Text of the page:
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Jaime Forero and the Crew of STS-120 Land in Colombia

by Cristian Góez
(Translated by Michelle Mock)
Planetario de Bogotá-Colombia

The crew of shuttle flight STS-120 Discovery visited the Planetario de Bogotá-Colombia on Friday, March 7, 2008.  Four astronauts met with 50 teachers, 20 science experts and 200 young people who belong to the astronomy clubs at the Bogotá Planetarium.  Astronauts Stephanie D. Wilson, Paolo A. Nespoli, Douglas H. Wheelock, George D. Zamka and Columbian Jaime Forero, who has been associated with NASA for more than 20 years, came to the Planetario de Bogotá to share their experiences and life in Space.  There was a display of messages and drawings for the moon, created by the students who attended the event.

Bringing the astronauts to Colombia was organized by the Planetario de Bogotá, the Presidencia de la República, Ministerio de Relaciones Exteriores, Colciencias, Asociación Colombiana para el Avance de la Ciencia, Maloka, Universidad de los Andes, Fuerza Aérea Colombiana, Parque Explora de Medellín, Museo del Oro y la Secretaría de Cultura, Recreación y Deporte.  This event served to stimulate the interest of the young people, and the community in general, in astronomy and the space sciences.  You can read more about the visiting astronauts in their NASA bios:

Astronaut Stephanie D. Wilson

Astronaut Paolo Angelo Nespoli

Astronaut Douglas H. Wheelock

Astronaut George D. Zamka

We were also visited by engineer Jaime Forero, M.Sc., a Colombian who made his childhood dreams a reality: building objects that fly.  This was an interest which came from his father, who worked many years for Avianca.  In 1970, Jaime arrived in the United States to study and became a mechanical engineer in California.  He works for the Johnson Space Center in Houston, Texas.  He has been working at NASA for the last 20 years in the Astronaut Office as an assessor.  Upon receipt of his degree, in 1978 he joined the space program with Rockwell, who built the space shuttles.  His work is related to preparation of the crew cabin in the space shuttle and all the equipment used by the astronauts on the shuttle and the International Space Station.  This office handles everything from the human perspective, that is to say, everything that they touch, how to open, how to close, the tools that are used in space to repair equipment.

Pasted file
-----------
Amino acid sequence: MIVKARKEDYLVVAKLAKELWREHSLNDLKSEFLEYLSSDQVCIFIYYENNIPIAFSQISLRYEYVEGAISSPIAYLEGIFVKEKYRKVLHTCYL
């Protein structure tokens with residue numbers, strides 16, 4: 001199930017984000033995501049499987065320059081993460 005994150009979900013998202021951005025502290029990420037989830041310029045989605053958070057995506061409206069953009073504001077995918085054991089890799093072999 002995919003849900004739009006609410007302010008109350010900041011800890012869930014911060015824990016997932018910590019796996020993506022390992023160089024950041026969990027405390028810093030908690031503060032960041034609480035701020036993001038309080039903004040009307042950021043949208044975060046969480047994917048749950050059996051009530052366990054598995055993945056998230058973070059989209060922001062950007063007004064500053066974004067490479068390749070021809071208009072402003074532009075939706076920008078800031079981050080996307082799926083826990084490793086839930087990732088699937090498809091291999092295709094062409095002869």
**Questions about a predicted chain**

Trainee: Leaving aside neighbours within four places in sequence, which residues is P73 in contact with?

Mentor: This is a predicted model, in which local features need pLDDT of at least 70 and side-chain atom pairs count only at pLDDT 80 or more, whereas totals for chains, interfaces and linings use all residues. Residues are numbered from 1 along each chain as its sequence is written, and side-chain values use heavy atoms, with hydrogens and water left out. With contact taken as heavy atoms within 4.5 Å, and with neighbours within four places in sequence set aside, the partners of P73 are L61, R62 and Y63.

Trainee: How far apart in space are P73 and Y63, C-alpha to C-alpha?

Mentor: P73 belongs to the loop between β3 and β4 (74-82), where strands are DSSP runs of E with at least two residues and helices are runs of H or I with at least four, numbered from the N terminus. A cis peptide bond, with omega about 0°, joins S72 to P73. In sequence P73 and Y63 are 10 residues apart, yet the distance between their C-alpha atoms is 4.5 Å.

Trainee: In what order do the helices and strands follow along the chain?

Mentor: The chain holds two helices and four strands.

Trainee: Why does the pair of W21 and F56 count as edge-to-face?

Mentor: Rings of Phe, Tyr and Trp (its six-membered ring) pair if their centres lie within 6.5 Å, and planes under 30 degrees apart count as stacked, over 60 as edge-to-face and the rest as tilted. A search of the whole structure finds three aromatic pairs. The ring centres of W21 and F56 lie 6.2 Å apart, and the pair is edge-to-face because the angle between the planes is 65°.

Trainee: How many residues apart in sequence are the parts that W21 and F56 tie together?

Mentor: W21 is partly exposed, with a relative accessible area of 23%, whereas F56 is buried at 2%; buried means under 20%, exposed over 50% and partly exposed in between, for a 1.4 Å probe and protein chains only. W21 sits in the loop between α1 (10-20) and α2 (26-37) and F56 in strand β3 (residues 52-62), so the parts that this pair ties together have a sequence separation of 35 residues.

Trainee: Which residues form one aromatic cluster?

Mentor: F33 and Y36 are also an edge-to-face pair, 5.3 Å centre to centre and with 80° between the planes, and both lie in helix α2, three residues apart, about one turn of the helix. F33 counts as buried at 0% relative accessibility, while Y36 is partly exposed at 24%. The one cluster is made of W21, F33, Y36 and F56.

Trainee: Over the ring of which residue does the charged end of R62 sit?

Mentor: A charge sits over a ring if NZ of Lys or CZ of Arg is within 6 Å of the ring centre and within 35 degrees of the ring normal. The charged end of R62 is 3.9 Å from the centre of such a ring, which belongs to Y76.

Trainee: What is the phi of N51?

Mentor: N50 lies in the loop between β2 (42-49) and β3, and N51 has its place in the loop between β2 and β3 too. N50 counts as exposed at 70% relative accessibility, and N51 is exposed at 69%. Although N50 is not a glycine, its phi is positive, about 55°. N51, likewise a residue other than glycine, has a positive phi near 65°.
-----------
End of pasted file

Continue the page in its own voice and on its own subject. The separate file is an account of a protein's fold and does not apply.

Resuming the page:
This work, which he has been doing since 1996 with twelve others, includes assembly of the various components of the shuttle prior to launch, and to ensure a successful mission with no failures.  In NASA's Astronaut Office, Engineer Forero is in charge of verifying that everything aboard the space shuttle functions properly and that nothing could become a danger to the crew.  Jaime knows the astronauts who have gone to space.  He shares with them, and all his other co-workers, the things that tie him to Columbia: a flag and poster of the soccer team América de Cali.  His secret for success as an engineer is: "In Columbia, you do not have to be a genius.  If a person has interest and is dedicated, things will go well."

George Zamka, remembering some of his Spanish, told us: "It is a pleasure to be in Colombia with my companions, sharing our experiences.  We are normal human beings, who were young students and we had a dream that we followed.  We had aspirations and we realized that everything is possible."  Zamka stressed the importance of studying Math and Science, because these are the foundation to become and engineer or an astronaut.

- 10 March 2008

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Last Updated:
26 March 2008

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